We demand voter justice now
60 years after Martin Luther King Jr. delivered his “Give Us the Ballot” speech, we are still in the struggle for our voices to be heard at the ballot box. To address this nonpartisan issue, the National Commission for Voter Justice launched last week at the behest of Reverend Jesse L. Jackson Sr. and countless other voting rights advocates.
APIAVote commits to register and mobilize as many Asian American and Pacific Islander (AAPI) voters for the 2018 midterm elections through our partnership with community groups, colleges and universities in at least 26 states.
AAPIs have fought for centuries to freely participate in social and economic life in the United States. They removed barrier after barrier and put their lives on the line to challenge unconstitutional laws so we could benefit from their victories. Minoru Yasui, Gordon Hirabayashi and Fred Korematsu challenged the government’s egregious decision to incarcerate Japanese Americans during World War 2. Wong Kim Ark made the case for birthright citizenship.
Gerrymandering: when politicians pick their voters
Yet again politicians are debating who is considered American and who is worthy of the right to vote. In a process called gerrymandering, politicians are assaulting our freedom to vote with surgical precision. Our democracy weakens when lawmakers can pick their voters by creating unfair maps through the redistricting process.
There are now three gerrymandering cases the Supreme Court picked up from Texas, Wisconsin and Maryland that will be decided this year, which will impact whether we have an equal voice in elections for decades. Meanwhile in North Carolina, a congressional map was struck down for the first time by a federal court, ruling the map as an unconstitutional gerrymander. But voting rights advocates are disappointed that the Supreme Court blocked the order for a map to be redrawn by the 2018 midterms.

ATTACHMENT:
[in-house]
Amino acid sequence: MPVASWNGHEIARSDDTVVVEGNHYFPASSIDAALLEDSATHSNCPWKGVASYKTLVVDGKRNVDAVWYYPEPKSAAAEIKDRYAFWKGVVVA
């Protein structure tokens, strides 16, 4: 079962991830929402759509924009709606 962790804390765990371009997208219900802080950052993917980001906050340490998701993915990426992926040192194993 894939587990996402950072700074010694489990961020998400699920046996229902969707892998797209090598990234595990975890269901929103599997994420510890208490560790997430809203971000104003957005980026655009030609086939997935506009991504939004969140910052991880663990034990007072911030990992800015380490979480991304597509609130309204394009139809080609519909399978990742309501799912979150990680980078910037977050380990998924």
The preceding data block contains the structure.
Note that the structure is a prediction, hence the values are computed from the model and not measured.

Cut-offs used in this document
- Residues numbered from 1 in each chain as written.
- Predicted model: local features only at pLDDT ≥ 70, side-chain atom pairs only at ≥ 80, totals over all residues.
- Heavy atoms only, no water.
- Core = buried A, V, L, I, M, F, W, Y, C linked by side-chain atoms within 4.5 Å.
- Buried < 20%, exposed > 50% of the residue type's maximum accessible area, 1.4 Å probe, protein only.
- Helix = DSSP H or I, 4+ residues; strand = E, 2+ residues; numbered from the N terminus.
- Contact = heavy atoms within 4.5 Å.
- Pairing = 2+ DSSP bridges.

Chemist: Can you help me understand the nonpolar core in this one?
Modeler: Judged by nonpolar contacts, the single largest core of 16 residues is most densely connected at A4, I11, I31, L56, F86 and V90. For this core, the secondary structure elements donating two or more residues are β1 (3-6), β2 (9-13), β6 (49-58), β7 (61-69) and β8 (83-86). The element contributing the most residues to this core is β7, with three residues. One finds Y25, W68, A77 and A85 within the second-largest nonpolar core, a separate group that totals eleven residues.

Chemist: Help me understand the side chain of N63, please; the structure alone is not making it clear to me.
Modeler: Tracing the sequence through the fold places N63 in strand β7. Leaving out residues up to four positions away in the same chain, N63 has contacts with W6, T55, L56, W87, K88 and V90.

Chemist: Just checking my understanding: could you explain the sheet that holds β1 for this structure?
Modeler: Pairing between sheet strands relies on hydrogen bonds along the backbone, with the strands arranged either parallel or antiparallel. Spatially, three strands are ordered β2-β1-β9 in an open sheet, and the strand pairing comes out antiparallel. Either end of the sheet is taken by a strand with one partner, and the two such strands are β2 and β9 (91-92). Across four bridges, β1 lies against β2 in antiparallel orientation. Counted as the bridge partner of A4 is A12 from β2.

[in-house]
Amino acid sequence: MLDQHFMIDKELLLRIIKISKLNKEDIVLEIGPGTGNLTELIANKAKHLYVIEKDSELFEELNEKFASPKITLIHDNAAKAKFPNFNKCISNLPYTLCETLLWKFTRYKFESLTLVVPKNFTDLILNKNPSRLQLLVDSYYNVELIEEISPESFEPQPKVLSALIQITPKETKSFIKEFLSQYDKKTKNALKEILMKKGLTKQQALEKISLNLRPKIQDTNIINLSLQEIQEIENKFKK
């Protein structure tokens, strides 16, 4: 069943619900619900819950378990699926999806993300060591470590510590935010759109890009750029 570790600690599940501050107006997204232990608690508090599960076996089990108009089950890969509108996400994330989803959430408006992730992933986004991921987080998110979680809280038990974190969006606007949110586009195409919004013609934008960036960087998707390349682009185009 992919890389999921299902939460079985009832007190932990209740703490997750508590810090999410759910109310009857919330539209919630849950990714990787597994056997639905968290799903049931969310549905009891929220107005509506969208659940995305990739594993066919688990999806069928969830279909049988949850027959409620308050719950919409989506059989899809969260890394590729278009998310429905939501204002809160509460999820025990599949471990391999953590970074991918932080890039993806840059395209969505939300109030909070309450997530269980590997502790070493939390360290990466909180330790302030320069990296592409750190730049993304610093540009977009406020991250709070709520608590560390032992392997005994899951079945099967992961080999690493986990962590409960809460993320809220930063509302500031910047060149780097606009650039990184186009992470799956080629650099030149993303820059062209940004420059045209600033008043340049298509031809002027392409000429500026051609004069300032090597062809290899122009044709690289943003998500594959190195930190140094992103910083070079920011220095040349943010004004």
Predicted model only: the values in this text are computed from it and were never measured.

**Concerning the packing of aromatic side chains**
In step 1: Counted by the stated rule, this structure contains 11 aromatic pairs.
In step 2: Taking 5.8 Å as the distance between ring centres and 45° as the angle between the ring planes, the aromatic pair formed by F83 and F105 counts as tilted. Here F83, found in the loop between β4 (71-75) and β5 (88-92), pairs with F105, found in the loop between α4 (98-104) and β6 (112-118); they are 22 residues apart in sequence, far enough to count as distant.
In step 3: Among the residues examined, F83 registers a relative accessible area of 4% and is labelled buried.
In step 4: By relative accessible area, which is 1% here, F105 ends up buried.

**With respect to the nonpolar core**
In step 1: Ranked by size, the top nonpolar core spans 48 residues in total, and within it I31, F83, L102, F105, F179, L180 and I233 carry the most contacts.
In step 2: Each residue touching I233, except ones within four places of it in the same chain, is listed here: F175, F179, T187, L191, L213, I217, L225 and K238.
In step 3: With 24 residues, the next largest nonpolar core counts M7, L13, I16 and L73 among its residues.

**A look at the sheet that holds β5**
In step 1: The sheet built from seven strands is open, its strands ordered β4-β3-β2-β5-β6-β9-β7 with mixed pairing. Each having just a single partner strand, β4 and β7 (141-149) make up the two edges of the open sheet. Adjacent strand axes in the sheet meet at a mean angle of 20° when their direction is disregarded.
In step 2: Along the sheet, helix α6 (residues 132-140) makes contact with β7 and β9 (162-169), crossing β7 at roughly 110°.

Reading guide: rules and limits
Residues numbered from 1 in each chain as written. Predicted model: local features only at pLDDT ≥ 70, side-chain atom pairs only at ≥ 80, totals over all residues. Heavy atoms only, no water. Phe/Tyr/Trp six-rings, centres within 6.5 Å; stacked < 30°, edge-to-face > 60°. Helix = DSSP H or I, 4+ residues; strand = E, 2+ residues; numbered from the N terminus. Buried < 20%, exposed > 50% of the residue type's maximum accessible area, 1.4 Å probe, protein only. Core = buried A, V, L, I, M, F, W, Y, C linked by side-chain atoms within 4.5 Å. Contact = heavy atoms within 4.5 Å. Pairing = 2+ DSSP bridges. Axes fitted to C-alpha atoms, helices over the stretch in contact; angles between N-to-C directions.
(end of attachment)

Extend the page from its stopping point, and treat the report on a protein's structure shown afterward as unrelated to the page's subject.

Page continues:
Executive Director John C. Yang of Asian Americans Advancing Justice - AAJC spoke at a rally on the steps of the Supreme Court, arguing that Ohioans should not be purged from voter lists on Jan. 10.
Supreme Court hears Ohio voter purge case
We should also pay close attention to voter purging. On Jan. 10, the Supreme Court heard oral arguments for Husted v. A. Philip Randolph Institute. Ohio’s process to take names off the voter rolls on the basis of infrequent voting is a violation of the National Voter Registration Act. Voters who were purged from the list would show up at the polls for an election and found out then that they could not cast their ballot. Where are the purges happening? The top three counties (Hamilton, Franklin, and Cuyahoga) where AAPIs live in Ohio are also the counties with a particular voter purging problem.
With multiple voting rights cases at stake in the Supreme Court, we must also bring our collective power to the polls. We still need to remove barriers for AAPI voices to be fully heard.
Apply for U.S. citizenship now to vote in 2018
Every year Americans apply for U.S. citizenship; this status gives them the right to vote. For AAPI immigrants and refugees, the path to citizenship feels like a painful operation and costs like one too. It can take years to become naturalized, and some give up on the lengthy process altogether. The delay in granting citizenship to Americans denies them the right to vote with every passing second.
Eligible AAPIs should become naturalized now if they want to vote in 2018. Why does voting matter? The saying goes: if you’re not at the table, you’re on the menu. Lawmakers are making decisions without us if we don’t vote. Can you identify any policies that harm you or people you know? Some of them threaten our very existence. Democracy affords us the sacred right to vote for people who work to improve our everyday lives.
Self-preservation can only take us so far. We can pay our taxes, hold a job, dot our i’s and cross our t’s, but none of those actions will safeguard our freedoms enumerated in the Constitution. Voting and receiving fair representation in Congress gives us a fighting chance.
Any attempt to integrate into American life is futile if eligible AAPI citizens do not vote. Our way of life can be taken away at a moment’s notice. We not only vote for ourselves but also for the people we care about who face barriers to the vote. We don’t need to be policy experts or follow every breaking news alert to know what is best for all Americans.
We must join forces together in this centuries-old struggle to ensure that all eligible Americans can use their freedom to vote. Make no mistake — an attack on our right to vote is an attack on our right to exist in this country. When our electoral voice is taken away, politicians can ignore our concerns and think our lives are disposable because there is no incentive to hear us out.
Voting is a serious responsibility; we count on all Americans to fulfill this duty in every election, including this .